Danyl Mclauchlan has blogged about this, including Dotcom's Internet Mana Party, which has also failed miserably - see: Colin Craig and the failure of founder-funded political parties. He says "The founders of both parties were also the primary funders and that meant they got to do pretty much whatever they wanted".
A different way of looking at it is proposed by National Party aligned columnist Liam Hehir who argues that New Zealand has two types of minor parties: Authentic vs Ornamental. By this he means that some parties have genuine ideologies and are part of a movement, such as the Green Party, and others are essentially personality cults - see: Conservative confusion over leadership.
In terms of the Conservatives, Hehir sees the party as an "ornamental" one: "the Conservatives have always looked more like an instrument of Colin Craig's ambitions than a coherent political organisation... In the minds of the public, the party is less about the ideas and more about the man who leads it - which is always risky given that individuals can always be discredited by the mistakes they inevitably make".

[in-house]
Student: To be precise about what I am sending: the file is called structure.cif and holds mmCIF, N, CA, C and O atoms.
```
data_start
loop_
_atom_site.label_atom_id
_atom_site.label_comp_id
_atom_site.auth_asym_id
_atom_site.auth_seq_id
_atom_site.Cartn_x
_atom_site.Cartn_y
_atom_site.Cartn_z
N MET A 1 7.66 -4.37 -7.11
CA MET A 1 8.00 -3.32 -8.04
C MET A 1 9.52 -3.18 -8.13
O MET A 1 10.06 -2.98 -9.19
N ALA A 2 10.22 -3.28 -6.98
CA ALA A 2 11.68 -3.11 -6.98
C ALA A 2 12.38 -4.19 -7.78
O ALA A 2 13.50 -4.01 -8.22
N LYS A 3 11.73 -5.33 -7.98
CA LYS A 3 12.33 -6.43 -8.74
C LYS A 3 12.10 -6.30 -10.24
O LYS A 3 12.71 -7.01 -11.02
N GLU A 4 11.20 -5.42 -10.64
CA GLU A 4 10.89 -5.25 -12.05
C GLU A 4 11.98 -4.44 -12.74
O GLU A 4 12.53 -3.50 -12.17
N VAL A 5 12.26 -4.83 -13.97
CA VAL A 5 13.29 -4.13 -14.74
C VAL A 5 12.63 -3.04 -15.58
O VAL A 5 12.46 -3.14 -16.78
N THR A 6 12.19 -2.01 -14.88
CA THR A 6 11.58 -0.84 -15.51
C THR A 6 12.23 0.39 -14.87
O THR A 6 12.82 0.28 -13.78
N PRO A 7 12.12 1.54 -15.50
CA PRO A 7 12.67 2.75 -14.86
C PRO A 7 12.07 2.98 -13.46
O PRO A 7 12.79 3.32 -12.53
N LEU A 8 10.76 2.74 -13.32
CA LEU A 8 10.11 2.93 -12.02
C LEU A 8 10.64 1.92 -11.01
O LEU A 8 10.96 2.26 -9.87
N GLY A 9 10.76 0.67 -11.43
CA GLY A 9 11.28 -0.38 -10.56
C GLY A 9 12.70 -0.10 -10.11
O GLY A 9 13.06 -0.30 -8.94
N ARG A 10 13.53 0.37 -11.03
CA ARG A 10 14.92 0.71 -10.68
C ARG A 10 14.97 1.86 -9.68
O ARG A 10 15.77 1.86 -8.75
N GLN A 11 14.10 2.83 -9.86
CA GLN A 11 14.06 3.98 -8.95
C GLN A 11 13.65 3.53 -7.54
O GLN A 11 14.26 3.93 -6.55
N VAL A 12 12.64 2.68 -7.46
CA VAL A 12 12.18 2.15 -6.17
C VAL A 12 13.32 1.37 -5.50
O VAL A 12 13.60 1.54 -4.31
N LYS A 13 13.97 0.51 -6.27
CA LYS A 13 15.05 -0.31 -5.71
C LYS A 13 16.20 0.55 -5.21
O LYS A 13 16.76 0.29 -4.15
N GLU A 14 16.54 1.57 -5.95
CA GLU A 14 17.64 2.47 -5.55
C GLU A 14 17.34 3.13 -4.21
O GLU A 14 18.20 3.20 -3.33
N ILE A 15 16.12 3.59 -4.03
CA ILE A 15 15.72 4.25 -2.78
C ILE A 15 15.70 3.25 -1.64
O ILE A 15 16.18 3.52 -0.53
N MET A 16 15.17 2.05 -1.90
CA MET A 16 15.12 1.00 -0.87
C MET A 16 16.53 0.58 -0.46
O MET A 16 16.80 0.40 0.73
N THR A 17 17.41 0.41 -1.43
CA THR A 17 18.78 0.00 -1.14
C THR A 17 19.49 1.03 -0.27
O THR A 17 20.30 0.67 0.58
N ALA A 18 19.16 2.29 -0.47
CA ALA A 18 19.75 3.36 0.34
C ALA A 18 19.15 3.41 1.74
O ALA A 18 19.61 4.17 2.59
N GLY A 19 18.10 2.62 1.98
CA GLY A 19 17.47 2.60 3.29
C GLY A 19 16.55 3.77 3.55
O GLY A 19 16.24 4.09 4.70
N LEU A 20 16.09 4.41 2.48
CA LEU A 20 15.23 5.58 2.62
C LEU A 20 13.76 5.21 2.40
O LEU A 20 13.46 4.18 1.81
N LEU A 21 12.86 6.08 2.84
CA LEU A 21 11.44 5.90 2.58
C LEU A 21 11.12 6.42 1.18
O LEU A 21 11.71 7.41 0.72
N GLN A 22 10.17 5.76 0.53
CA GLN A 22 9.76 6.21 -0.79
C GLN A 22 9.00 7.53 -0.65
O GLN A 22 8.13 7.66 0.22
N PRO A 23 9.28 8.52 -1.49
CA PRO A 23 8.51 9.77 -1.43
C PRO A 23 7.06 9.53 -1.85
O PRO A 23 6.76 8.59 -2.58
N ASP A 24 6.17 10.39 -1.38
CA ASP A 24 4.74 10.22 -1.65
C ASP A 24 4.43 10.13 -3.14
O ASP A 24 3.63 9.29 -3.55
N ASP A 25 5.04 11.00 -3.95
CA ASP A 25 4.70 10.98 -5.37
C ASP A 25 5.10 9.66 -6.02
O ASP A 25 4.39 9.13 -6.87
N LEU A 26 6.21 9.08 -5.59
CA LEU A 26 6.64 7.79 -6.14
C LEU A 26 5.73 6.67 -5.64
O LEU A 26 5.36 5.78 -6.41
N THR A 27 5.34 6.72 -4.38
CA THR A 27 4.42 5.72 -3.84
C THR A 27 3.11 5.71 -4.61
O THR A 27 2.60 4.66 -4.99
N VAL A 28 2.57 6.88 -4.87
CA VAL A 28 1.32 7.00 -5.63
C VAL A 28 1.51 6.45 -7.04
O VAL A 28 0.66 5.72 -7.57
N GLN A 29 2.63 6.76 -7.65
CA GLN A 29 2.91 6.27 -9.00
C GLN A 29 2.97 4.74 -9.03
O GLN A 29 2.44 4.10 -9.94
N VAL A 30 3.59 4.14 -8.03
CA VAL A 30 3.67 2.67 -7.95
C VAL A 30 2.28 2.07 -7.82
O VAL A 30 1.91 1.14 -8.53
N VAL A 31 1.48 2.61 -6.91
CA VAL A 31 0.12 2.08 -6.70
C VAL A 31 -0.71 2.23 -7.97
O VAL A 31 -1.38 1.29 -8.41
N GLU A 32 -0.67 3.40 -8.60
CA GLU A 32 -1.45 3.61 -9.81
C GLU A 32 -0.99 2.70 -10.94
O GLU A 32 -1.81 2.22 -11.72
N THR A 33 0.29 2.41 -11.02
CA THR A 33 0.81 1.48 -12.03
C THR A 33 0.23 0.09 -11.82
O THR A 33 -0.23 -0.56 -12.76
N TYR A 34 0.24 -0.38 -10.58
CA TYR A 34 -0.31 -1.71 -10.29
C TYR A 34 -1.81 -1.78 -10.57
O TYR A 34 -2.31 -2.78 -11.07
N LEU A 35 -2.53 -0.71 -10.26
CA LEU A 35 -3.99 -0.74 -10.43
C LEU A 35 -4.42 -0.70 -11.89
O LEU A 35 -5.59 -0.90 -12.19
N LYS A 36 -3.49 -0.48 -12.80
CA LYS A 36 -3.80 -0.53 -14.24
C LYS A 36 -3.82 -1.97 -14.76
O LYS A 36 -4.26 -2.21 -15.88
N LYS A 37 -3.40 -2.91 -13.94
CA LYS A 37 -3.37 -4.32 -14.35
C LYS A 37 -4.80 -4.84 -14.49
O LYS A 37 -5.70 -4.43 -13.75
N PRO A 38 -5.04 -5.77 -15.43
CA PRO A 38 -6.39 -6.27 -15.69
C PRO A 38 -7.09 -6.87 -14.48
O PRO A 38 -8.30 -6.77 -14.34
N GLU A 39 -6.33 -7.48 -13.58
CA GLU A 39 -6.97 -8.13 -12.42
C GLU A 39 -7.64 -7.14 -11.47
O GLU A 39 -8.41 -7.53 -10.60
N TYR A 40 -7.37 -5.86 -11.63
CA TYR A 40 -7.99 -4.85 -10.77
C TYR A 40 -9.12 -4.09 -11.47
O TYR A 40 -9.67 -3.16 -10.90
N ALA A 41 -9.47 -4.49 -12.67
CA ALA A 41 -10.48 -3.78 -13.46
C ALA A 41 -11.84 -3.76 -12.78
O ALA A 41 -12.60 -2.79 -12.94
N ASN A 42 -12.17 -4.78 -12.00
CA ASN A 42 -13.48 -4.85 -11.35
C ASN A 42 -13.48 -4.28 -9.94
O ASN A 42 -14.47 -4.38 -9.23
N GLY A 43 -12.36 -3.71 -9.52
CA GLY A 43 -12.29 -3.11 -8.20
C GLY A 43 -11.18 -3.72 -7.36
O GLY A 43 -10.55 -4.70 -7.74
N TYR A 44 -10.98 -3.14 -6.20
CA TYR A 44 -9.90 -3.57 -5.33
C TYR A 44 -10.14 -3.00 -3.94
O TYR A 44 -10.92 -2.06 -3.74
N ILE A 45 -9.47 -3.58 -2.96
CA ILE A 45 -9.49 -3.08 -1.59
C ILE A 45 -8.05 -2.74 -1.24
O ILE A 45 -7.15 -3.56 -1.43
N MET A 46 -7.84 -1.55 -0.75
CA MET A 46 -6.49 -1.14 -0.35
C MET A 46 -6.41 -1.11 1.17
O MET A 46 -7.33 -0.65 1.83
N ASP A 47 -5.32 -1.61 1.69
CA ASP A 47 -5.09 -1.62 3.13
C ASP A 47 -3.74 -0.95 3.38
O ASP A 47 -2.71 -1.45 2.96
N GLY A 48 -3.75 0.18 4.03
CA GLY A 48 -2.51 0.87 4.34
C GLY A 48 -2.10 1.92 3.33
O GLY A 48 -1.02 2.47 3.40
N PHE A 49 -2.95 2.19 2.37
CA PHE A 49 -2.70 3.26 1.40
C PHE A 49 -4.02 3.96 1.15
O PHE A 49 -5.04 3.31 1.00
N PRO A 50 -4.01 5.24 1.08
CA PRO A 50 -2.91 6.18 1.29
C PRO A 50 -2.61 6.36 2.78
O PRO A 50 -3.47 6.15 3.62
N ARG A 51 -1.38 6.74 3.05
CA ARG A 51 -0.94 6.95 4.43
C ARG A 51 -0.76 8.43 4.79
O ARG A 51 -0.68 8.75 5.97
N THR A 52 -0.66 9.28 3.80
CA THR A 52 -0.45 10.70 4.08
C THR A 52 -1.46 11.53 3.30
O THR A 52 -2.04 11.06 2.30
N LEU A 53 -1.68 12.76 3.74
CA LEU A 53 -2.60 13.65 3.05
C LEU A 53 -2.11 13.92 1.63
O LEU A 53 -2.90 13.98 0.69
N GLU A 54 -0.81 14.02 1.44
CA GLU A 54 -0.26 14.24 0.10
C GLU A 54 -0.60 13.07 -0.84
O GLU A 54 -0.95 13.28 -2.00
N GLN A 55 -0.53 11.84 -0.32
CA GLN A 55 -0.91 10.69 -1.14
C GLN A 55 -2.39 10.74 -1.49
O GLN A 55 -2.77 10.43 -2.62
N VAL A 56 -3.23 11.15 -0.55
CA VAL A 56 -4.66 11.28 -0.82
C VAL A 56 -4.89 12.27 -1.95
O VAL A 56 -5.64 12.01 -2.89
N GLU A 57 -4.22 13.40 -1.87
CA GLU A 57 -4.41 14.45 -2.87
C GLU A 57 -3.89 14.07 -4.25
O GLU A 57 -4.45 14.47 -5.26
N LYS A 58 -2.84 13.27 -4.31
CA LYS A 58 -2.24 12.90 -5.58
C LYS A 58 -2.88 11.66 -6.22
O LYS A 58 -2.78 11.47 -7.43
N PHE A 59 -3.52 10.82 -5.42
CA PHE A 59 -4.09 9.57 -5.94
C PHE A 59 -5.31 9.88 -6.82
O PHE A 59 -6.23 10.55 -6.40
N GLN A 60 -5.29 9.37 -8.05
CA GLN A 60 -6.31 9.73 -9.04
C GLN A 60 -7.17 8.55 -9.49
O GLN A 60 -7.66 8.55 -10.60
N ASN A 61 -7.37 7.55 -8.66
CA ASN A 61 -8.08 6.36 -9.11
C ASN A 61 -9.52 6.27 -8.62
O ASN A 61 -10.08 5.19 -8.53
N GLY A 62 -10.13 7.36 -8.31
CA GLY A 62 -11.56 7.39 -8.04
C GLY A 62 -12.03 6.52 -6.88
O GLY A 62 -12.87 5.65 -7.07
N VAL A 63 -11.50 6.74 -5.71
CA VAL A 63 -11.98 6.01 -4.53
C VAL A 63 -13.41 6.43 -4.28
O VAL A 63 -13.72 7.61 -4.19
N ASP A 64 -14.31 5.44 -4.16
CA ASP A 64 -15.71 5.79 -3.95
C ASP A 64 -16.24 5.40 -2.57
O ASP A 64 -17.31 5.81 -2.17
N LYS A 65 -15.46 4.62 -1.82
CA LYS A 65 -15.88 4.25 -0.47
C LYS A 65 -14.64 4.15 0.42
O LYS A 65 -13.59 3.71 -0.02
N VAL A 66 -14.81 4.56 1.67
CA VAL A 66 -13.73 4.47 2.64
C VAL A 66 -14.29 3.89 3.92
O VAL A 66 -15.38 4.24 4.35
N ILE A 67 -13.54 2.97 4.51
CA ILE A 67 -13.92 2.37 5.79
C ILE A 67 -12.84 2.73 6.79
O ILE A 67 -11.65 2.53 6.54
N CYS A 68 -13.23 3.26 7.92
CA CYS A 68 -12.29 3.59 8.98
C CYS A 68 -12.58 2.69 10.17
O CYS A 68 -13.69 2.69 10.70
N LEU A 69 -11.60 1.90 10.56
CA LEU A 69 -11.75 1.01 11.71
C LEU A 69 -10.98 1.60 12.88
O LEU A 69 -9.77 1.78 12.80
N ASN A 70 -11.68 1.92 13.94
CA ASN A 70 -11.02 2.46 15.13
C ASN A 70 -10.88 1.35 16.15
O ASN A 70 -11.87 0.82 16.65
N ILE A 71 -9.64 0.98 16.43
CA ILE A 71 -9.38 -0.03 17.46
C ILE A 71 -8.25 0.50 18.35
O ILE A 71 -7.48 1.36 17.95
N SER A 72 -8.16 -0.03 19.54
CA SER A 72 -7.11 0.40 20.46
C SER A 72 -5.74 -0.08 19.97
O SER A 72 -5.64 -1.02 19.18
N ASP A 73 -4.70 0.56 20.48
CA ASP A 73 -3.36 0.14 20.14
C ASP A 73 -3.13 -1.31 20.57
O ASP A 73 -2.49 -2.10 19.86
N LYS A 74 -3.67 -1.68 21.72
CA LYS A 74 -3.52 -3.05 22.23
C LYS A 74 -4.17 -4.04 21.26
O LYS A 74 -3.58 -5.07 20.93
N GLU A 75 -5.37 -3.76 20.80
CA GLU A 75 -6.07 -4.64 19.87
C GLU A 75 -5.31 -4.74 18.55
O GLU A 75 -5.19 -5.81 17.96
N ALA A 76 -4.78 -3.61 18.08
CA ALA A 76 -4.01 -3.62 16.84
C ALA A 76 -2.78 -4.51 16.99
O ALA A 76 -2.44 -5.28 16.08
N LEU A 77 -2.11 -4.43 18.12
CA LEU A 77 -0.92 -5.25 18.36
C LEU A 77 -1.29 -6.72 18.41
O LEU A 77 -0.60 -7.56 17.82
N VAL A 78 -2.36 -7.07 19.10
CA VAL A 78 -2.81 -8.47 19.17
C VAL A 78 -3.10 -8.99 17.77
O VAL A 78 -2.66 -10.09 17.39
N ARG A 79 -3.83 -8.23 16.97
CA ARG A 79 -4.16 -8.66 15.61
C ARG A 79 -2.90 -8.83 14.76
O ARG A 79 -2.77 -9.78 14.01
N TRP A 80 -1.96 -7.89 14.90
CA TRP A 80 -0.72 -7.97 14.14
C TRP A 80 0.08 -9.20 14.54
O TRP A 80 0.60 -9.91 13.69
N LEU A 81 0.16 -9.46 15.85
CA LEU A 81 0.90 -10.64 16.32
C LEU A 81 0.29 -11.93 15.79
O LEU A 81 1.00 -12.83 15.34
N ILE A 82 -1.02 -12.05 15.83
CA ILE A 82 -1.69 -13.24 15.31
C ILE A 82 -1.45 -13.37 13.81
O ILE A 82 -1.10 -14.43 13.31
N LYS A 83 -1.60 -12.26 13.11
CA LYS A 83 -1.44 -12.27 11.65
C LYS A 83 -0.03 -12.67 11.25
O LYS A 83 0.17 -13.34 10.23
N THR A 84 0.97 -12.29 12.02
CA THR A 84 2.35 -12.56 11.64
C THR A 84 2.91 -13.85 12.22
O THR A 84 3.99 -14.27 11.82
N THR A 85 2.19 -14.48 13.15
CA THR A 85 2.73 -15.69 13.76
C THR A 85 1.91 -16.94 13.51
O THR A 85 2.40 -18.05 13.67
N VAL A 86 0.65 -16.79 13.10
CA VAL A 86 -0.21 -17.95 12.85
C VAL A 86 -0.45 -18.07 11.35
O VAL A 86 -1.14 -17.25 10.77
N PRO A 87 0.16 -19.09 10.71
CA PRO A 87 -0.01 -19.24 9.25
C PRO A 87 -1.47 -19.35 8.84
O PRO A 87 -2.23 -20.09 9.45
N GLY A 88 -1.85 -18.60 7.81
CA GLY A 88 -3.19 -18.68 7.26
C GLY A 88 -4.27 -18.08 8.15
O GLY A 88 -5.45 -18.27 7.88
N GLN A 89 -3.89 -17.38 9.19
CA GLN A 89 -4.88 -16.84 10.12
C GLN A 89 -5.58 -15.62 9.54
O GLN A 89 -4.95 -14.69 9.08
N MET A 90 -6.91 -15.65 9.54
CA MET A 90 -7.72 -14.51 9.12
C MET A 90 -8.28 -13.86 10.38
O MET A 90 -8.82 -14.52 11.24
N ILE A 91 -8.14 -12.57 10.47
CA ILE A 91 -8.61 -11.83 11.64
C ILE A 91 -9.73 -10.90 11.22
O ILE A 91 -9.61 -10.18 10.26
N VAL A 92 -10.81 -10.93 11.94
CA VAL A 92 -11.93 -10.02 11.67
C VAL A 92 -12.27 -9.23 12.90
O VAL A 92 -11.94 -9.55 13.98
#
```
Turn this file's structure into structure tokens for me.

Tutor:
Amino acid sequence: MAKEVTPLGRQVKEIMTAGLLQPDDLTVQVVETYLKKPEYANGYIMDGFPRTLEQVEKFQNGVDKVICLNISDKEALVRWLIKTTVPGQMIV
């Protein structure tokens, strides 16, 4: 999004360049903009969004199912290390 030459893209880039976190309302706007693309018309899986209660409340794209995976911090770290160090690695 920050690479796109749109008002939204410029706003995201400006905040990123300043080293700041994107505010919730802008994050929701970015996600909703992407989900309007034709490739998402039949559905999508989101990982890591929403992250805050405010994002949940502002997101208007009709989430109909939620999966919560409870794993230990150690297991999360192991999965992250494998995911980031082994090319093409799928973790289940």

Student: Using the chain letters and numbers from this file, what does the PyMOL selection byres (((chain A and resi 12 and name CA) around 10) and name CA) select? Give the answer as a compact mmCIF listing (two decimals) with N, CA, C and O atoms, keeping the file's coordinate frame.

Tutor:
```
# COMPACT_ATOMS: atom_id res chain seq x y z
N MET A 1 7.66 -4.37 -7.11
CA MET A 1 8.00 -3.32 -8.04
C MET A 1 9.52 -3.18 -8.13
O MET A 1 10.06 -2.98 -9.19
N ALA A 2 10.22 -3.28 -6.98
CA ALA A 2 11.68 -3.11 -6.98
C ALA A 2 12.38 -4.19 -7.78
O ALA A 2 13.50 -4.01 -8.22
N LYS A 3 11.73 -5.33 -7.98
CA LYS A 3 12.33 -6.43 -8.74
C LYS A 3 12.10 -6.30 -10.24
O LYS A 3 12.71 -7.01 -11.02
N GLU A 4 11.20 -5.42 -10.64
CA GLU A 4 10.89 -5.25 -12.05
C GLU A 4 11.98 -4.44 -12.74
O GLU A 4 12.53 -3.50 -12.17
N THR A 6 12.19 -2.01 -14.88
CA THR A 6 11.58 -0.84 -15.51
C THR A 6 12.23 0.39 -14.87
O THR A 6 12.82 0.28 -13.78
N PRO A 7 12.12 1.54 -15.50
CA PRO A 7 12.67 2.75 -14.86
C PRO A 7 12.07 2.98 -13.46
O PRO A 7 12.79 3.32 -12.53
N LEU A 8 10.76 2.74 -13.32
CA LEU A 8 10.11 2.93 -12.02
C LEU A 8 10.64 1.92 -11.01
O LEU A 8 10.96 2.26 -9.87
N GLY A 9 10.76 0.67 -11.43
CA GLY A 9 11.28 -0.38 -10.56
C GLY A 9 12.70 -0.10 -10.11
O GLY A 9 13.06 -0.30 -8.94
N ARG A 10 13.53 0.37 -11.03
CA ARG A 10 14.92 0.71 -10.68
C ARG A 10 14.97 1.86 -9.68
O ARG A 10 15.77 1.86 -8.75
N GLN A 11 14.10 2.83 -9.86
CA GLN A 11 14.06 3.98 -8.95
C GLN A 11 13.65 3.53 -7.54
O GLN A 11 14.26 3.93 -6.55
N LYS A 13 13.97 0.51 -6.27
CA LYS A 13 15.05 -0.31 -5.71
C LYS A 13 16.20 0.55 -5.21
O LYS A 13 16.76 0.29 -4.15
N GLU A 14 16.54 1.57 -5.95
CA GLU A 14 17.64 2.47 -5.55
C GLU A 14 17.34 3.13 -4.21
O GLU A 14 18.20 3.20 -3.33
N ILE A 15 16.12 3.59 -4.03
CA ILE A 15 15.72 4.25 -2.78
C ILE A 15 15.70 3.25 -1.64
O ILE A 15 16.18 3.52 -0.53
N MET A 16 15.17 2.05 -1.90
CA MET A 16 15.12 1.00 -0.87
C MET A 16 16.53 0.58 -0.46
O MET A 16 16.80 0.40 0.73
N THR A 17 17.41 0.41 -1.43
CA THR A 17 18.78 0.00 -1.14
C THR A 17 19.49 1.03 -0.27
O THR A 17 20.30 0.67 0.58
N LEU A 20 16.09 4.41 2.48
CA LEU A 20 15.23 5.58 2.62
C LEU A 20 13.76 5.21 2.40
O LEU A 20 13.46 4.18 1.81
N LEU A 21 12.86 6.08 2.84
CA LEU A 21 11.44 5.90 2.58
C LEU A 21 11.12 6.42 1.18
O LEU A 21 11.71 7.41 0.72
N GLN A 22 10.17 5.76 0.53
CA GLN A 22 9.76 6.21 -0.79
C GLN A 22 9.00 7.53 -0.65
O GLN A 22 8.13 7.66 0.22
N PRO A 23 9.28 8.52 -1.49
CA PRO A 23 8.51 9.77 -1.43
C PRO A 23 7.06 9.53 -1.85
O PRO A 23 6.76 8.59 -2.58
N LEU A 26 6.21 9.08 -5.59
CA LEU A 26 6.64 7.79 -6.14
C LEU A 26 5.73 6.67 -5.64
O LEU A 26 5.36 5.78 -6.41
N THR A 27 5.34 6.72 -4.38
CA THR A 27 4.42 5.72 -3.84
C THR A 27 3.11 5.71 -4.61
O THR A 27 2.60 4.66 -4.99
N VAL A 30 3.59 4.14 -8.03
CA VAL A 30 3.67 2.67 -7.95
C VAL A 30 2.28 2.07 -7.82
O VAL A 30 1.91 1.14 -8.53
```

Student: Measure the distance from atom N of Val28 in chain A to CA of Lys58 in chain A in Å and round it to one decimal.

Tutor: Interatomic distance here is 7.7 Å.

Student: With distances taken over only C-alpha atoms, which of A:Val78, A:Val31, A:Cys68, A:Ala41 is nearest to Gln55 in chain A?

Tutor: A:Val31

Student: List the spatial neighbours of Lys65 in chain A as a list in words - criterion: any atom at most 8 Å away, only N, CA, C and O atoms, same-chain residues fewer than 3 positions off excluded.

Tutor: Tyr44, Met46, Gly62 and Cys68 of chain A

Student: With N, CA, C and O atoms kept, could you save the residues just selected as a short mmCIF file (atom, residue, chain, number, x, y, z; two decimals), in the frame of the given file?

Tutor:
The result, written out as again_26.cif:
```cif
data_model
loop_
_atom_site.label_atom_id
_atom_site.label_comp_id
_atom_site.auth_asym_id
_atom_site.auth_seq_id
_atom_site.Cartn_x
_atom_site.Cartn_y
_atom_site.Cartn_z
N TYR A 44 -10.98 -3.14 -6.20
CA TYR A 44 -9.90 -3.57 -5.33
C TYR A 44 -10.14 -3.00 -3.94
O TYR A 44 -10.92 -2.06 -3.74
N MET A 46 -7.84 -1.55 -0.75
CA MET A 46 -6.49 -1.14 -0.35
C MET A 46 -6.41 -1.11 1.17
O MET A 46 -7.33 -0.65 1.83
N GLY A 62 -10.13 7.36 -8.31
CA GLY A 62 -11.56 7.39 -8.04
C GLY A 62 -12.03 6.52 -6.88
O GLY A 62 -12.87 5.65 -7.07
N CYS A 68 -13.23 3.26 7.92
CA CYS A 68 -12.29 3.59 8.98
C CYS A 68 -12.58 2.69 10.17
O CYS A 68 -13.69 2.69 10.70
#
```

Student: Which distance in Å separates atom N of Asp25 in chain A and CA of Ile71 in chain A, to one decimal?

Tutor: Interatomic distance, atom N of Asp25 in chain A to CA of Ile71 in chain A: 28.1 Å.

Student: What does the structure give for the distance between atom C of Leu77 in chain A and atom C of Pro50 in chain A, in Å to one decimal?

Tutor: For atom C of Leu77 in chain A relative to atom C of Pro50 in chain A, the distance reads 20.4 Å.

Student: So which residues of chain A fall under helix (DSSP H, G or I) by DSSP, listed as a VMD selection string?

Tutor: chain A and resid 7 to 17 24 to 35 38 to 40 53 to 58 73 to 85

The Colourful Conservatives
If Colin Craig is to have any chance of redemption with his morally conservative target market, he will probably need to show much more contrition, as well as convince his supporters that his sin was not as bad as is being suggested by opponents. There is no doubt that he certainly has the ability to garner the necessary media coverage.
Craig has always had an impressive ability to win public attention - largely due to his utterly colourful approach. And for this reason it's worth watching David Farrier's 2-minute heated interview that sparked his recent problems - see: Sauna Session with Colin Craig.
Finally, New Zealand politics would certainly be less colourful without Colin Craig and the Conservatives, and cartoonists have been showing this in 2013 - see: Images of Colin Craig and the Conservative Party, in 2014 - see: Images of Colin Craig's Conservative Party, and now, in 2015 - see: Recent cartoons about Colin Craig and the Conservatives.